There are days when I pinch myself and think how lucky I am to really love the career I have. Of course, there are frustrating days too, but I usually find myself surrounded by inspiration. And I work with teens.
A few weeks ago, I found myself in Manhattan surrounded by twenty-two incredible tweens and teens who were hand-picked to walk the runway during a fashion show to represent Bold Girlz, an apparel brand that encourages young women and girls to express their own inner beauty, talents and sense of community. The brand chooses their models based upon how they represent being BOLD – Brave, Original, Loving or Daring – and each month donates 10% of their net proceeds to a different non-profit supporting women and girls.
I love events like this. Not only can my regular “posse” of teens (including the girls from One is Greater Than None) participate, but I get to meet tons of new teens and tweens who are out there doing meaningful things. At this event, I met teens who started their own non-profits, teens who raise significant amounts of money for existing larger charities, and other teens that just do really great deeds through volunteering hours of their time.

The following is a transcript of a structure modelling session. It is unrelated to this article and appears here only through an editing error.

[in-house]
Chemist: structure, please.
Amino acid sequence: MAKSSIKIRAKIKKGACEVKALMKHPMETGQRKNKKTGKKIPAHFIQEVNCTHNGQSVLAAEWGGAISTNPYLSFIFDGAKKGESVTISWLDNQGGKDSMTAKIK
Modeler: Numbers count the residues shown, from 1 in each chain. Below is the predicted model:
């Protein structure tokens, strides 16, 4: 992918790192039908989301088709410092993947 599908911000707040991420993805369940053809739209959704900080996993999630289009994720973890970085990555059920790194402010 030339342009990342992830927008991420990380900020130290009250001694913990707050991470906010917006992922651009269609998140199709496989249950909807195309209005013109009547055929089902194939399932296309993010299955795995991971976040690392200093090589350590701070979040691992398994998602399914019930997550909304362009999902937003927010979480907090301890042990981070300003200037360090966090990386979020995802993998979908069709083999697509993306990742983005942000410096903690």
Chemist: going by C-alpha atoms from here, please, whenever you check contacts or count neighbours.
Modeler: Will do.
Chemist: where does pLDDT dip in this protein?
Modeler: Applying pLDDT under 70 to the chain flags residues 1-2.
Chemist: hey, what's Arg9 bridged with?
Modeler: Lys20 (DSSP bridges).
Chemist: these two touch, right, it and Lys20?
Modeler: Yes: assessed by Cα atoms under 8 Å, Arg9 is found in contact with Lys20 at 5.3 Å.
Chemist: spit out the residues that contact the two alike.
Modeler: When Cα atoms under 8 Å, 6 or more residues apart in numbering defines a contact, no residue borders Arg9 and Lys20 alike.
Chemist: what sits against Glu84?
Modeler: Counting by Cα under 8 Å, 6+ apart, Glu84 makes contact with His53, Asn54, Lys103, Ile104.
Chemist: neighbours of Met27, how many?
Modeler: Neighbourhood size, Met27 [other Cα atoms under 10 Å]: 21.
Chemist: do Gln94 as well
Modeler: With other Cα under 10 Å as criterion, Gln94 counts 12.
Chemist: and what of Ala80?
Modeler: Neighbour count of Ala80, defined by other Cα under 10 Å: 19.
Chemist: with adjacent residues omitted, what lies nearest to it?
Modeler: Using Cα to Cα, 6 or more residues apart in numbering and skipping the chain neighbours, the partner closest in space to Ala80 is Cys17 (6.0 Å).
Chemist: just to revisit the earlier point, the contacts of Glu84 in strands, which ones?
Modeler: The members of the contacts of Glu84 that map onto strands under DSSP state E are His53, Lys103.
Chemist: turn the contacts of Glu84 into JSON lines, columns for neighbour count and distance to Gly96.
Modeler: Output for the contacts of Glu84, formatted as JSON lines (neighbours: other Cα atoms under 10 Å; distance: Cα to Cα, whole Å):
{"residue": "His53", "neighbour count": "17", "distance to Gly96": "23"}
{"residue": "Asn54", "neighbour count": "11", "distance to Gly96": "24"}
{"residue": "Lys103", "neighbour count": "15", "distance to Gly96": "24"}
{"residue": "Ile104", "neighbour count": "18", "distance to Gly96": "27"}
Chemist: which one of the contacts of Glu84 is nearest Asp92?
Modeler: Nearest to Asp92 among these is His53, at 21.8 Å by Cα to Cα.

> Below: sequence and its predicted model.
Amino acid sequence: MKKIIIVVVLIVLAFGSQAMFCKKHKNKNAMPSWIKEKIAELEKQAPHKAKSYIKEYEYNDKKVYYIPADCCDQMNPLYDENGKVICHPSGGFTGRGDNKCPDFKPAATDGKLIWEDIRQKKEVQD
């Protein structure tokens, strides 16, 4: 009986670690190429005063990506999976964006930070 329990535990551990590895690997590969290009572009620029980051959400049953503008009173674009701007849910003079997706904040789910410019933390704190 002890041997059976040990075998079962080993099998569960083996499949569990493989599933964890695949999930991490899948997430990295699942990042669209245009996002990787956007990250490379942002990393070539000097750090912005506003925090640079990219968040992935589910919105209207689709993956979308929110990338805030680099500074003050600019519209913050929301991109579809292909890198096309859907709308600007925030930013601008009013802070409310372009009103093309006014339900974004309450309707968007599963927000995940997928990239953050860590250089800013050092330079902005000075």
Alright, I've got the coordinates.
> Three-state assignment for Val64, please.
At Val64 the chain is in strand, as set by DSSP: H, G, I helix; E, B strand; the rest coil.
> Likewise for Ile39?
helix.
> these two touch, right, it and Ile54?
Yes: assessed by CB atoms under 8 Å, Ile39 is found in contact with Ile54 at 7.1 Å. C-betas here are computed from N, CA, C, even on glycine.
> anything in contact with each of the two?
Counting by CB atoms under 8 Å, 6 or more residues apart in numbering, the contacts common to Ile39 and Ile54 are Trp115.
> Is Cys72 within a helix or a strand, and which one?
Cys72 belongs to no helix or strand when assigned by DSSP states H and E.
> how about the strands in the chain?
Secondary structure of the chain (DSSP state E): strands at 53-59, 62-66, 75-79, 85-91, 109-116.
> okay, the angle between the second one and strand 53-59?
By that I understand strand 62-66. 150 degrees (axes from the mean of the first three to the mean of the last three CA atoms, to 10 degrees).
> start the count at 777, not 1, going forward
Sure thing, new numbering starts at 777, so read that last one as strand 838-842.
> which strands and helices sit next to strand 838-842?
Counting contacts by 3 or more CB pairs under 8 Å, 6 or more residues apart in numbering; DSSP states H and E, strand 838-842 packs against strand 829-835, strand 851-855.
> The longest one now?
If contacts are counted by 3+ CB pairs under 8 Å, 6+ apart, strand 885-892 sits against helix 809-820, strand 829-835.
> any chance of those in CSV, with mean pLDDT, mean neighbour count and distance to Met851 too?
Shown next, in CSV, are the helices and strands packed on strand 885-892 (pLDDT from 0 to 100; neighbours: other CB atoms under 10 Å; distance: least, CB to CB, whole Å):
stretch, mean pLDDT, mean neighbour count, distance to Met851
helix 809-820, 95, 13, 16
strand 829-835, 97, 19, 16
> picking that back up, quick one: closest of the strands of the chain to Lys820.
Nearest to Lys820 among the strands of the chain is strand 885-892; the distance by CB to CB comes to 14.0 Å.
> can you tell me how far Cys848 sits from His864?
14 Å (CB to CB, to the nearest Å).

I was incredibly honored to be introduced to Abby Roden, a young girl from East Hampton, who completed a triathlon last July! In March, along with her mom, Theresa Roden, and her friend, Alyson Follenius, started a pilot program at her school called i-tri. A group of girls were chosen who, like Abby, did not consider themselves to be athletes. Each week they come together as a group where they would learn about the power of words and soon realized how often they were saying and thinking negative things about themselves and how that was hurtful and wasting energy. They practiced how to turn those thoughts in to positive thoughts and learned to think of themselves as strong, beautiful and courageous. They were taught about nutrition and since they were training to be triathletes and needed to fuel their bodies to get the best results- so they planted greens in their school’s greenhouse and made salads and green smoothies.
Abby’s story, and the stories of her friends who were literally transformed (both emotionally and physically) by the i-tri program, is something that should be read by everyone’s teens and tweens. Take a few minutes tonight and sit with your kids and check out Abby’s blog.
If you are interested in learning more about this amazing event that brought together twenty-two teens and their moms, here’s a great video.